It's probably a well known question, so it is just a reference question. Let $G$ be a finite group and let $C[G]$ be a group algebra. Then we can define a bracket on $C[G]$ by $[f,h]=f*hh*f$. What does $C[G]$ look like as a Lie algebra? When is it solvable?

Assuming that your ground field $K$ has characteristic prime to the order of $G$. Then the group ring is a seminsimple algebra. Therefore, $C[G]=\bigoplus_{i=1}^{r} Mat_{n_i}(R_i)$ is a direct sum of matrix algebras, where $R_i$ is a finitedimensional division ring over $K$. All this is very classical and nicely explained in Procesis book on Lie groups. Thus the Lie algebra is a sum of general linear Lie algebras over division rings. If $K$ is $\mathbb{C}$, then $R_i=\mathbb{C}$. So the Lie algebra is solvable iff all $n_i$ are $1$ (this happens iff $G$ is abelian). For $\mathbb{R}$, you also get the quaternions. For fields like $\mathbb{Q}$ or finite characteristic dividning the order of $G$, the story is going to be way more complicated and interesting. 


Maybe you could look at the following paper: Ivan Marin, Group algebras of finite groups as Lie algebras 


There is an interesting proof by Brauer of the fact that when $G$ is a finite group and $F$ is an algebraically closed field of prime characteristic $p$, then the number of simple $FG$ modules is the number of conjugacy classes of elements of $G$ of order prime to $p.$ This proof has a definite Lie Algebras flavour to it (and can be found in Curtis and Reiner, Representation Theory of Finite Groups and Associative Algebras,Wiley,1962). In this proof, Brauer sets $A = FG$, and considers the $F$subspace $K(A)$, which is the $F$span of $\{ab  ba: a,b \in A \}.$ It is relatively easy to see that the codimension of $K(A)$ is the dimension of $Z(A)$, which is clearly the number of conjugacy classes of $G$. Then he defines $T(A)$ as the set of elements $x \in A : x^{p^{n}} \in K(A)$ for some $n$. It is not immediately obvious that $T(A)$ is a linear subspace, but it is. It is clear then that $T(A)$ contains the Jacobson radical $J(A)$, so it is then reasonably easy to calculate the codimension of $T(A)$ in two ways to get the result: one is by considering $T(A)/J(A)$ inside the semisimple algebra $A/J(A)$, and other is by thinking on terms of group theoretic information. A person who has developed this line of thinking further in recent years is Burkhard K\"ulshammer, who has found invariants by this sort of method which have recently been proved to be useful invariants under derived equivalence.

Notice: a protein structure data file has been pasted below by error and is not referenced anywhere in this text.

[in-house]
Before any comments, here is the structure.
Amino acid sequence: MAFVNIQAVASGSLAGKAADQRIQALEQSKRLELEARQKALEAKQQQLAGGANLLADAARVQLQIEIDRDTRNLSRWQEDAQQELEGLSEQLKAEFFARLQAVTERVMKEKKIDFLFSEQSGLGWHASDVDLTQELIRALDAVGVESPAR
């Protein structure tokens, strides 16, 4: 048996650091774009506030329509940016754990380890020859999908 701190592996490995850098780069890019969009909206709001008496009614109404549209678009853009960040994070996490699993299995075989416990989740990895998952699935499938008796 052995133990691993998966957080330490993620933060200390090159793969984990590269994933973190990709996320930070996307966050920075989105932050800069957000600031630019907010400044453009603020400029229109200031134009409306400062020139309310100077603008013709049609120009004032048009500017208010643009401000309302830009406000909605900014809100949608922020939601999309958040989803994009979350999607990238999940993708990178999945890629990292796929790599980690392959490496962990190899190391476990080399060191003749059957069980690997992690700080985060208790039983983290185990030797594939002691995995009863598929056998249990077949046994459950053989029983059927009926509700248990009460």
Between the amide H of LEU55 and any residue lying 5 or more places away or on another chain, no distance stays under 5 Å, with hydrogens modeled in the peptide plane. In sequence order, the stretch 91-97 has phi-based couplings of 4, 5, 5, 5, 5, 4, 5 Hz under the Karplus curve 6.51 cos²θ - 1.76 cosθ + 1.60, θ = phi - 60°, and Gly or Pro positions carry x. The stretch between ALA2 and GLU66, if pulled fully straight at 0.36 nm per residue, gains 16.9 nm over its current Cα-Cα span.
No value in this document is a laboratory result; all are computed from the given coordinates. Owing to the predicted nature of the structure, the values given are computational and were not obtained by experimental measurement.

Concerning the situation in characteristic $p$: when $p$ divides the order of $G$, the case not covered by Maschke's theorem, the group algebra $KG$ is no longer semisimple. There is, however, a whole array of papers, started from J.D. Donald and F.J. Flanigan, A deformation theoretic version of Maschke's theorem for modular group algebras: the commutative case, J. Algebra 29 (1974), 98102, DOI:10.1016/00218693(74)901148, aiming to prove a conjecture which can be considered as a modular analog of Maschke's theorem: the group algebra KG is deformed to a semisimple algebra. Most of these papers have a grouptheoretic flavor, arguing in terms of blocks and other grouprepresentationtheoretic data. Murray Gerstenhaber and Anthony Giaquinto have claimed in: Compatible deformations, Trends in the Representation Theory of Finite Dimensional Algebras (ed. E.L. Green and B. HuisgenZimmerman), Contemp. Math. 229 (1998), 159168, that there is a counterexample to this conjecture: a 8element quaternion group over a field of characteristic 2. This was believed to be true for a decade or so, after it has been proved wrong (N. Barnea and Y. Ginosar, A separable deformation of the quaternion group algebra, Proc. Amer. Math. Soc. 136 (2008), 26752681, DOI: 10.1090/S000299390809480X, arXiv:0704.1556). As far as I know, the DonaldFlanigan conjecture is still open. 


A full characterization of group algebras which are solvable or nilpotent as Lie algebras can be found in the paper [I.B.S. Passi  D. Passman  S.K. Sehgal: Lie solvable group rings, Can. J. Math. 25 (1973), 748757].